Favorite Climbs in Europe!


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Brian in SLC

Social climber
Salt Lake City, UT
Jul 11, 2012 - 11:38am PT
I'll ditto Presles as a great location to climb.

Presles in the Vercors, France
Presles in the Vercors, France
Credit: Brian in SLC

The Ecrins is fun too:

Aiguille Dibona
Aiguille Dibona
Credit: Brian in SLC

I seem to dimly recall tuesdays is the day the cheese truck shows up in La Grave, which can lead to this:

Discovering "gym sock" cheese by La Grave, France
Discovering "gym sock" cheese by La Grave, France
Credit: Brian in SLC

Recommend the Tour des Gémeaux on:

Mont Aiguille
Mont Aiguille
Credit: Brian in SLC

Trad climber
Jul 11, 2012 - 12:35pm PT
The Dolomites have the best food and wine in the Alps.

Lots and lots of killer rock in the Sellajoch/Groeden region. Much less expensive than Switzerland.

Personally, I'd love to get back and do a route on the big south face of the Marmolada:



Trad climber
Jul 11, 2012 - 12:43pm PT
Ditch the bike, before you go. You'll be hating yourself. Do a bike tour some other time. You want to rent a car to do any decent amount of climbing, and the time required to drive around will generally be greater than you expect.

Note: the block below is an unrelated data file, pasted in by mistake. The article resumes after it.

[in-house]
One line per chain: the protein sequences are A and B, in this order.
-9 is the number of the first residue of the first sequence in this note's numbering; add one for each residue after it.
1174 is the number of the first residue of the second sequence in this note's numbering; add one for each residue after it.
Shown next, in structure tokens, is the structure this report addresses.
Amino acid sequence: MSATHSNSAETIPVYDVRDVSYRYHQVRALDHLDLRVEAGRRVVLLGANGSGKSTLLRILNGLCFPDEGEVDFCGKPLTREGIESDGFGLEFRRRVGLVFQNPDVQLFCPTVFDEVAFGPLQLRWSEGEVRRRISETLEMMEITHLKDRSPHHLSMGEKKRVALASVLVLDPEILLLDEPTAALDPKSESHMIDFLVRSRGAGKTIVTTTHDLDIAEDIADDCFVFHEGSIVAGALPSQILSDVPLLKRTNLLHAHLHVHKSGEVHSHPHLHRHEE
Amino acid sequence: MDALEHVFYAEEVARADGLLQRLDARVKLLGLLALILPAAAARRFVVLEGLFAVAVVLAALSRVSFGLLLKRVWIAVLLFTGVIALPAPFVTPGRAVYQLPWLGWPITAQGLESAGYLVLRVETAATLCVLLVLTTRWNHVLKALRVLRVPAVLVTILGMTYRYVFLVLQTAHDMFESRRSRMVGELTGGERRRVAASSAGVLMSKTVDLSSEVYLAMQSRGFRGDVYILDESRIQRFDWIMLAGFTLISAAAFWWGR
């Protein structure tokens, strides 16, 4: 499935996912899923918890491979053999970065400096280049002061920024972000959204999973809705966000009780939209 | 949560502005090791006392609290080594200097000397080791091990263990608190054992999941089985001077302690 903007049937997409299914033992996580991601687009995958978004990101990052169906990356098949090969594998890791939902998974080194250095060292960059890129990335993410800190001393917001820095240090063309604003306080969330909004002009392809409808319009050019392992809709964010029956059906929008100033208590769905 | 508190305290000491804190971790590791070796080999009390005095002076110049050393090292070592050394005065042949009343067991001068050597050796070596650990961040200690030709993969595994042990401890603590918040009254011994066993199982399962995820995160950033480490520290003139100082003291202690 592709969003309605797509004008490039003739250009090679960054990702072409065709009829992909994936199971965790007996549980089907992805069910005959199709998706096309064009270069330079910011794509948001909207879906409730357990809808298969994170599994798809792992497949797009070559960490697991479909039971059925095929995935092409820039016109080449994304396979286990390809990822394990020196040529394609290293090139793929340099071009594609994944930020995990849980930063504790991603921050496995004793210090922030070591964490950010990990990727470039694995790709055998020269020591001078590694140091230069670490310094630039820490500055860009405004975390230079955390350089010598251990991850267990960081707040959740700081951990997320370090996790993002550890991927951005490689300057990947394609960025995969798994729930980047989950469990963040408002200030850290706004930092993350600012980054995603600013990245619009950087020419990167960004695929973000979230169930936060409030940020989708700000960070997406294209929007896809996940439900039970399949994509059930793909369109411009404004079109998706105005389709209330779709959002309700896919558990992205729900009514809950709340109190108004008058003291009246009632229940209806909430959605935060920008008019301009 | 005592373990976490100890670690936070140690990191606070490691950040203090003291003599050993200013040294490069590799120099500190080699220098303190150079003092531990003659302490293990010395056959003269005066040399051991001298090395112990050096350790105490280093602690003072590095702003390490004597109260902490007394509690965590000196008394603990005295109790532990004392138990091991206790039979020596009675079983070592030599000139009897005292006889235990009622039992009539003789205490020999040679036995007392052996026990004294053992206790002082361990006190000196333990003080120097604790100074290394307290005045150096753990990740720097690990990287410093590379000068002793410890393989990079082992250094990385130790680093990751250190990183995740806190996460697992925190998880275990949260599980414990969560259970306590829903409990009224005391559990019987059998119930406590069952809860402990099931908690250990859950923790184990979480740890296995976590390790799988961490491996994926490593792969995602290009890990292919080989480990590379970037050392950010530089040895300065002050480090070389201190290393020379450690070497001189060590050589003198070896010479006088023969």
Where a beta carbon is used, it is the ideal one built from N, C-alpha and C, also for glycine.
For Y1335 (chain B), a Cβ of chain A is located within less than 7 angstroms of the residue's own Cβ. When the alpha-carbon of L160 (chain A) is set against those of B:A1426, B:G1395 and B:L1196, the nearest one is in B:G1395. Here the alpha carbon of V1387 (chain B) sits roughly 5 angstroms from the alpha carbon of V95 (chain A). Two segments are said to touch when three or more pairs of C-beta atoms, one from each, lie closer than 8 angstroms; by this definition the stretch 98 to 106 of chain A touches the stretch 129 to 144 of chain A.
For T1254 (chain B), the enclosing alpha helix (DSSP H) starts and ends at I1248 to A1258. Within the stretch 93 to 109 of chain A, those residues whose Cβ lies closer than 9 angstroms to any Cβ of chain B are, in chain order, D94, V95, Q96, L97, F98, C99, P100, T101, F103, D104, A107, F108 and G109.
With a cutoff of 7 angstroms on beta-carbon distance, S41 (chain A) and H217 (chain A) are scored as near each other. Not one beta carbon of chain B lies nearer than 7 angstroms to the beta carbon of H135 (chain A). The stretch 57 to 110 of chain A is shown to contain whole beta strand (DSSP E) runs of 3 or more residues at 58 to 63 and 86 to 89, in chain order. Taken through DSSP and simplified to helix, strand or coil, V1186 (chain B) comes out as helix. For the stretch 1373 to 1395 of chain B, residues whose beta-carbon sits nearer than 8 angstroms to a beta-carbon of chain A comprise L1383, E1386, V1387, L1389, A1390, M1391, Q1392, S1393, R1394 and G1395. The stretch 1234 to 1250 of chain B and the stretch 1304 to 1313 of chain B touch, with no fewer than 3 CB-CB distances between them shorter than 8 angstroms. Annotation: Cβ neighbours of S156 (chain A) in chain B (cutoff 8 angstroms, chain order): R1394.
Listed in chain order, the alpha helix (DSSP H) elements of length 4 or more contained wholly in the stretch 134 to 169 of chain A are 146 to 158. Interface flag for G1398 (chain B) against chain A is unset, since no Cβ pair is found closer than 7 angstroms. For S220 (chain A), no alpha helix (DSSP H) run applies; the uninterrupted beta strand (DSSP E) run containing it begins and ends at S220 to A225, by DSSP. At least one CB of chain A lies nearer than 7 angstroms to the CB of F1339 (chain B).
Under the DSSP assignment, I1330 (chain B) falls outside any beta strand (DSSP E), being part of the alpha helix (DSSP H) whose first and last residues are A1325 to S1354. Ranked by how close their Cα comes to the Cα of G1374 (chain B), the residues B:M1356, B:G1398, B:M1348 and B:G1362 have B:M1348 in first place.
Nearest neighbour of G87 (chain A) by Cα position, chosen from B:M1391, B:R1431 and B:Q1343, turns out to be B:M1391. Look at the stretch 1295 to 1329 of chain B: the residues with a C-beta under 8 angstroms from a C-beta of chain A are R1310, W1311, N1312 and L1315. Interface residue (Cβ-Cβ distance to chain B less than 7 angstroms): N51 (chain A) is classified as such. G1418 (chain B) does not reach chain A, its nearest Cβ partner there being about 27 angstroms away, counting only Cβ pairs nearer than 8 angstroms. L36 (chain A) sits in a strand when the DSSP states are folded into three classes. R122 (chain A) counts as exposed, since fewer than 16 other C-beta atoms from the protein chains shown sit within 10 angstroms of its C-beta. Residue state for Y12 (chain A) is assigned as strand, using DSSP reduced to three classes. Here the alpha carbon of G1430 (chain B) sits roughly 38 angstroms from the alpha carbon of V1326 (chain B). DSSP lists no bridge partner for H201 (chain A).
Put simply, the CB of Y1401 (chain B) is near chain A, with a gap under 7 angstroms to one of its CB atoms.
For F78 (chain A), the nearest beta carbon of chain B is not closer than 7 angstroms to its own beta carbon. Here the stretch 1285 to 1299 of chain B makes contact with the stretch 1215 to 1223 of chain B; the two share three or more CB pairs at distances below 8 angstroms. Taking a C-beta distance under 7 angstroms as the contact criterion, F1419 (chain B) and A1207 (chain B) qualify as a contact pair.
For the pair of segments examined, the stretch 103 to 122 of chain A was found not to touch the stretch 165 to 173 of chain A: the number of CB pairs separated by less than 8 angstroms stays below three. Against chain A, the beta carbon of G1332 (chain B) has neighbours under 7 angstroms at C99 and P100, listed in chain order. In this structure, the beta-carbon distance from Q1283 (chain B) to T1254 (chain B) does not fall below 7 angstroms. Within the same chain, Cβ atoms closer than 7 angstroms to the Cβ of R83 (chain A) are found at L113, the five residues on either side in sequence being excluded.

You're probably getting the idea that the amount of climbing over there is staggering, so you'll have to be selective or you'll go crazy.

No time to post photos, so here's my link for you:


can't say

Social climber
Pasadena CA
Jul 11, 2012 - 12:43pm PT
Don't ignore the experience of a classic klettersteig or via feratta. You can do these solo and they allow you to cross terrain normally reserved for roped climbing. It's something that is for the most part unique to Europe.

Wetterstein Klettersteig
Wetterstein Klettersteig
Credit: can't say

Social climber
Jul 11, 2012 - 01:38pm PT
I lived in Europe for a few years and found that even with the abundance of guidebooks sometimes it's hard to come by good
info on routes (especially in the French alps). However, a new guide just came out that I think might change the game.
It's called Mont Blanc Supercracks and is all about multipitch splitters in the Alps. Might be hard to order, though, since you
can only get it shipped to Europe and need a bank there to pay. I'd love to get a hold of a copy.

My personal favorite route is "Etat du Choc" on Petic Clocher du Portalet on the Swiss side of Chamonix and at 11d is
probably harder than what you are looking for, but is by far the most splitter route in entire Europe.

Social climber
Jul 11, 2012 - 01:42pm PT
Petit Clocher du Portalet
Petit Clocher du Portalet
Credit: Impaler

portland, or
Jul 11, 2012 - 02:01pm PT